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Determination of Nano-aerosol Size Distribution Using Differential Evolution

  • Lucas Camargos Borges
  • Eduarda Cristina de Matos Camargo
  • João Jorge Ribeiro Damasceno
  • Fabio de Oliveira Arouca
  • Fran Sérgio LobatoEmail author
Chapter
  • 15 Downloads
Part of the Studies in Computational Intelligence book series (SCI, volume 872)

Abstract

Nanotechnology characterizes an important area in engineering due to various applications that can be found, such as electronics and pharmaceutical industries, development of air filters, among others. From the environmental point of view, because nanometric particles provide special characteristics to the products, emission of these particles into the air must be limited. Among the approaches proposed in the literature, the electrical mobility technique is an emerging strategy used to ensure an aerosol stream with monodispersed particles. This technique is based on the ability of a charged particle to cross an electrical field. Thus, depending on the size of the particles, the bigger ones will arrive later in the central electrode than the smaller ones, and only a narrow band of sizes will be collected in a slit located at the bottom of the equipment. In order to characterize the relation between the monodispersed and polydispersed aerosol stream, an inverse problem is formulated and solved by using differential evolution. The objective function consists of determining transfer functions that minimize the sum of difference between predicted and experimental concentrations of NaCl obtained by a differential mobility analyzer. The results demonstrated that the proposed methodology was able to obtain a good approximation for two classical transfer functions.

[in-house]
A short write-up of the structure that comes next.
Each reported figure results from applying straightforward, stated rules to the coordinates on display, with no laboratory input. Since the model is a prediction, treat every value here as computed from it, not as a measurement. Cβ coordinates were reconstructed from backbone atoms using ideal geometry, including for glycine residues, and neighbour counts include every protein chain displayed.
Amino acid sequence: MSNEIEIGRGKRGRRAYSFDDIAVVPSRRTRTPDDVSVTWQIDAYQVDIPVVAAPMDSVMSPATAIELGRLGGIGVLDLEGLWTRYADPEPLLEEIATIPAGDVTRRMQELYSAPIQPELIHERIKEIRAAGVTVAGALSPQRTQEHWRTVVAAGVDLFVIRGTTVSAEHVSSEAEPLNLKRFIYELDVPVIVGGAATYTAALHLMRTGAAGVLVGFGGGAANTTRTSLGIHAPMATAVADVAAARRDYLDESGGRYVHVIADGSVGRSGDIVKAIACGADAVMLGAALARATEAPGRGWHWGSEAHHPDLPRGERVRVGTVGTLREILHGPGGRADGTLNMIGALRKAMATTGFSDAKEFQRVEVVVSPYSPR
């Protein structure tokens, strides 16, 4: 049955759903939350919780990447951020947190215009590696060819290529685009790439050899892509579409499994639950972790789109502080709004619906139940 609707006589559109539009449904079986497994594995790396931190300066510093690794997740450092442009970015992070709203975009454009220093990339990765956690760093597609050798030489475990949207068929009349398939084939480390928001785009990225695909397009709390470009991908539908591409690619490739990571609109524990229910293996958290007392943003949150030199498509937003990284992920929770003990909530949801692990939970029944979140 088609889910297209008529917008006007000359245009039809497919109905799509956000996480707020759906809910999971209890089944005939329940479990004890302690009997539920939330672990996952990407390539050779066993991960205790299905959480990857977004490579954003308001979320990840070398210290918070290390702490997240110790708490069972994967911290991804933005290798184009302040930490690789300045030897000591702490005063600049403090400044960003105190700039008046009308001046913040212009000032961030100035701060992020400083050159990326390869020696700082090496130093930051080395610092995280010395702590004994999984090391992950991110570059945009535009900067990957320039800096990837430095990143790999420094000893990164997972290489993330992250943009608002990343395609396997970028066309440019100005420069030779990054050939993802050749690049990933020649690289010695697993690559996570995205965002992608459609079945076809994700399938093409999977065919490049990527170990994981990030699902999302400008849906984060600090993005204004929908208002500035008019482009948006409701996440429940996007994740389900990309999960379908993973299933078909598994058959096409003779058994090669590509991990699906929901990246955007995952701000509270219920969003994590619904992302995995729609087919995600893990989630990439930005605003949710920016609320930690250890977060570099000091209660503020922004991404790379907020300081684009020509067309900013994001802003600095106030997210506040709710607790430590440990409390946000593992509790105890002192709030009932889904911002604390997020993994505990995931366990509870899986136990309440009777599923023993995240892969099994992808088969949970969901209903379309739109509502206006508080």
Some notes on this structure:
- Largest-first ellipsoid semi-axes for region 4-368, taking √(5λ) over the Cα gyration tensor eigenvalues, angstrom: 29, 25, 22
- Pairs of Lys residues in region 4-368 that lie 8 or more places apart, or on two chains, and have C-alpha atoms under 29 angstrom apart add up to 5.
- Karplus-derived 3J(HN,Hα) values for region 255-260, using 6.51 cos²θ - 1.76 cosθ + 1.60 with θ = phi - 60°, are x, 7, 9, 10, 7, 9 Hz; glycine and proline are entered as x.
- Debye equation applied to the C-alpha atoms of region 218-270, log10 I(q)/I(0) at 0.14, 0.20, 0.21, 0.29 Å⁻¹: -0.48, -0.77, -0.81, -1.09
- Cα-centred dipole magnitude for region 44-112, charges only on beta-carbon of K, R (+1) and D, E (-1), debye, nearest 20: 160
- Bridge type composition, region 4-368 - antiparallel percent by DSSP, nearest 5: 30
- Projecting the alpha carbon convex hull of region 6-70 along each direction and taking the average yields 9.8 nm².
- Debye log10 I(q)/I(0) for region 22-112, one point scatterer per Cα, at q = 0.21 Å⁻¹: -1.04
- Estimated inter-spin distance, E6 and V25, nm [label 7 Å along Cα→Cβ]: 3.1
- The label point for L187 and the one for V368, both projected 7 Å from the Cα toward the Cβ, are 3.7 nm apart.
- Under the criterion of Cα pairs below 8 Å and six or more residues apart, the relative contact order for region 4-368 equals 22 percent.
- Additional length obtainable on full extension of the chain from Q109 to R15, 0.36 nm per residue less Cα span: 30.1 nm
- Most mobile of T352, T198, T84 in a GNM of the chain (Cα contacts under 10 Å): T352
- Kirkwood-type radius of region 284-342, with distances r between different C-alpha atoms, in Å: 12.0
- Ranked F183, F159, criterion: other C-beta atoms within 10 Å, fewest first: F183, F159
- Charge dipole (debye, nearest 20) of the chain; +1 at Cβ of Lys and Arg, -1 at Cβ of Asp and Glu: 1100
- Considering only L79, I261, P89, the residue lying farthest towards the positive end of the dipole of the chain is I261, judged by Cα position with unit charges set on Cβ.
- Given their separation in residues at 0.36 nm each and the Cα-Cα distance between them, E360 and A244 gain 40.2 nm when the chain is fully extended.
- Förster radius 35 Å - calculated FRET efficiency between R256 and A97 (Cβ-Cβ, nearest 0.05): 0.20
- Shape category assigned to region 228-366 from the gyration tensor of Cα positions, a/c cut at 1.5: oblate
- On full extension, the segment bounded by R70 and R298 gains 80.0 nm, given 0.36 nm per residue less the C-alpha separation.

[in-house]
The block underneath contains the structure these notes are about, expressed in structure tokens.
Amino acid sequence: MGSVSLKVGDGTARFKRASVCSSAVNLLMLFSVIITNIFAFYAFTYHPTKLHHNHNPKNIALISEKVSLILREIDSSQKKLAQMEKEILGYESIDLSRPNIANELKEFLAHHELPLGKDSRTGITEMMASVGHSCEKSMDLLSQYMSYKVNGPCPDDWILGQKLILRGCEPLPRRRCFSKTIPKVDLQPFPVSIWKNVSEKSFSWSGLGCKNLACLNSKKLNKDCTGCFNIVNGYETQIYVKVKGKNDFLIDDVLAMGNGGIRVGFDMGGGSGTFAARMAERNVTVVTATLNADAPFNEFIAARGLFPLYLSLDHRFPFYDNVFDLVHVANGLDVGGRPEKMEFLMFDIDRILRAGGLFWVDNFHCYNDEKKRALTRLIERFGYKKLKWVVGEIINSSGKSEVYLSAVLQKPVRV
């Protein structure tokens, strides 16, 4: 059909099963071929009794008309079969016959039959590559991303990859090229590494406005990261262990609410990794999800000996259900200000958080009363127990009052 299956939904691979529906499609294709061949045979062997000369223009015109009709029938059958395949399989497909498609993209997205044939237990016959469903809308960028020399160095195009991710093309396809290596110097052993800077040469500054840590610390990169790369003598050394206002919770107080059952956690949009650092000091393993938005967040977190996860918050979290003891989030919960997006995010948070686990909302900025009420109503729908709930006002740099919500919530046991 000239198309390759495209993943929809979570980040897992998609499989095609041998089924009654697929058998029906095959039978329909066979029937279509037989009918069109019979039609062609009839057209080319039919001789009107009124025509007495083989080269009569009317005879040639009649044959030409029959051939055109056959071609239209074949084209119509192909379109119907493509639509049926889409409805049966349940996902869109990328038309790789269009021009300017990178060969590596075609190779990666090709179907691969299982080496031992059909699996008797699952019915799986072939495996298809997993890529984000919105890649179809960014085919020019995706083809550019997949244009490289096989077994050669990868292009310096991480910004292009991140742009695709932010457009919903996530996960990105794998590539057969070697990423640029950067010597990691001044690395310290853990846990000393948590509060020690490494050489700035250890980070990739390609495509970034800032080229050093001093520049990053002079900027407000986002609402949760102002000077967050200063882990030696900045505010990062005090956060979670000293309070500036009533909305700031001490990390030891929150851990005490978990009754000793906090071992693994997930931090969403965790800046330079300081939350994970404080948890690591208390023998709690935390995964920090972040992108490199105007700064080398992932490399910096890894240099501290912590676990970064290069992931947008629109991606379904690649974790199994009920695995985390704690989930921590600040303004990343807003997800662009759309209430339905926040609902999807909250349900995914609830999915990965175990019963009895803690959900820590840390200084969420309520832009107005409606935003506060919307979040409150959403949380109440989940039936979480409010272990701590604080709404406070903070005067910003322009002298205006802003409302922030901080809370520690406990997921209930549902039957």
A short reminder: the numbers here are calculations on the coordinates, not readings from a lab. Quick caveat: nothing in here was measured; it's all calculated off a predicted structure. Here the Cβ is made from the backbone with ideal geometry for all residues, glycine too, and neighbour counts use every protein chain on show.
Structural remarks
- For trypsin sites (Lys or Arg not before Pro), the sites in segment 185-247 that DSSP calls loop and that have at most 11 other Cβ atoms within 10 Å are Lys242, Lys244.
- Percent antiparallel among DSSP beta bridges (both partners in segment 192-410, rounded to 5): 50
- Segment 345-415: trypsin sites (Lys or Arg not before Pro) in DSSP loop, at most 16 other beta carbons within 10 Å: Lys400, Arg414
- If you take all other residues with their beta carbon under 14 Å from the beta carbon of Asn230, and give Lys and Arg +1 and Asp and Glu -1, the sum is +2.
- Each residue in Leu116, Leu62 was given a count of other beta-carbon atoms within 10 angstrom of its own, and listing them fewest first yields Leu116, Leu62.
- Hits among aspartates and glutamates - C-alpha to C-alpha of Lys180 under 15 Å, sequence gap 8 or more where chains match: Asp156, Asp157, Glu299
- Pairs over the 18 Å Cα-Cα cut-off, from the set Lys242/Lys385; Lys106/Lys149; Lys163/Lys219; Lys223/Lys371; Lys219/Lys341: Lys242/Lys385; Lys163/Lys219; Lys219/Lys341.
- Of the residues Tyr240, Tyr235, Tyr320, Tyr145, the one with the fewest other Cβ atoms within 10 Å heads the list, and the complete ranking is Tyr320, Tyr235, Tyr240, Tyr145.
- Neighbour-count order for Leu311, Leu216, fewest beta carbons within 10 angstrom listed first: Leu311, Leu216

Keywords

Monosized nanoparticles Differential mobility analyzer Inverse problem Differential evolution 

Notes

Acknowledgements

The authors would like to acknowledge the financial support from FAPEMIG and CNPq agencies.

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Copyright information

© Springer Nature Switzerland AG 2020

Authors and Affiliations

  • Lucas Camargos Borges
    • 1
  • Eduarda Cristina de Matos Camargo
    • 1
  • João Jorge Ribeiro Damasceno
    • 1
  • Fabio de Oliveira Arouca
    • 1
  • Fran Sérgio Lobato
    • 2
    Email author
  1. 1.NUCAPS - Laboratory of Separation Processes, School of Chemical EngineeringFederal University of UberlândiaUberlândiaBrazil
  2. 2.NUCOP - Laboratory of Modeling, Simulation, Control and Optimization, School of Chemical EngineeringFederal University of UberlândiaUberlândiaBrazil

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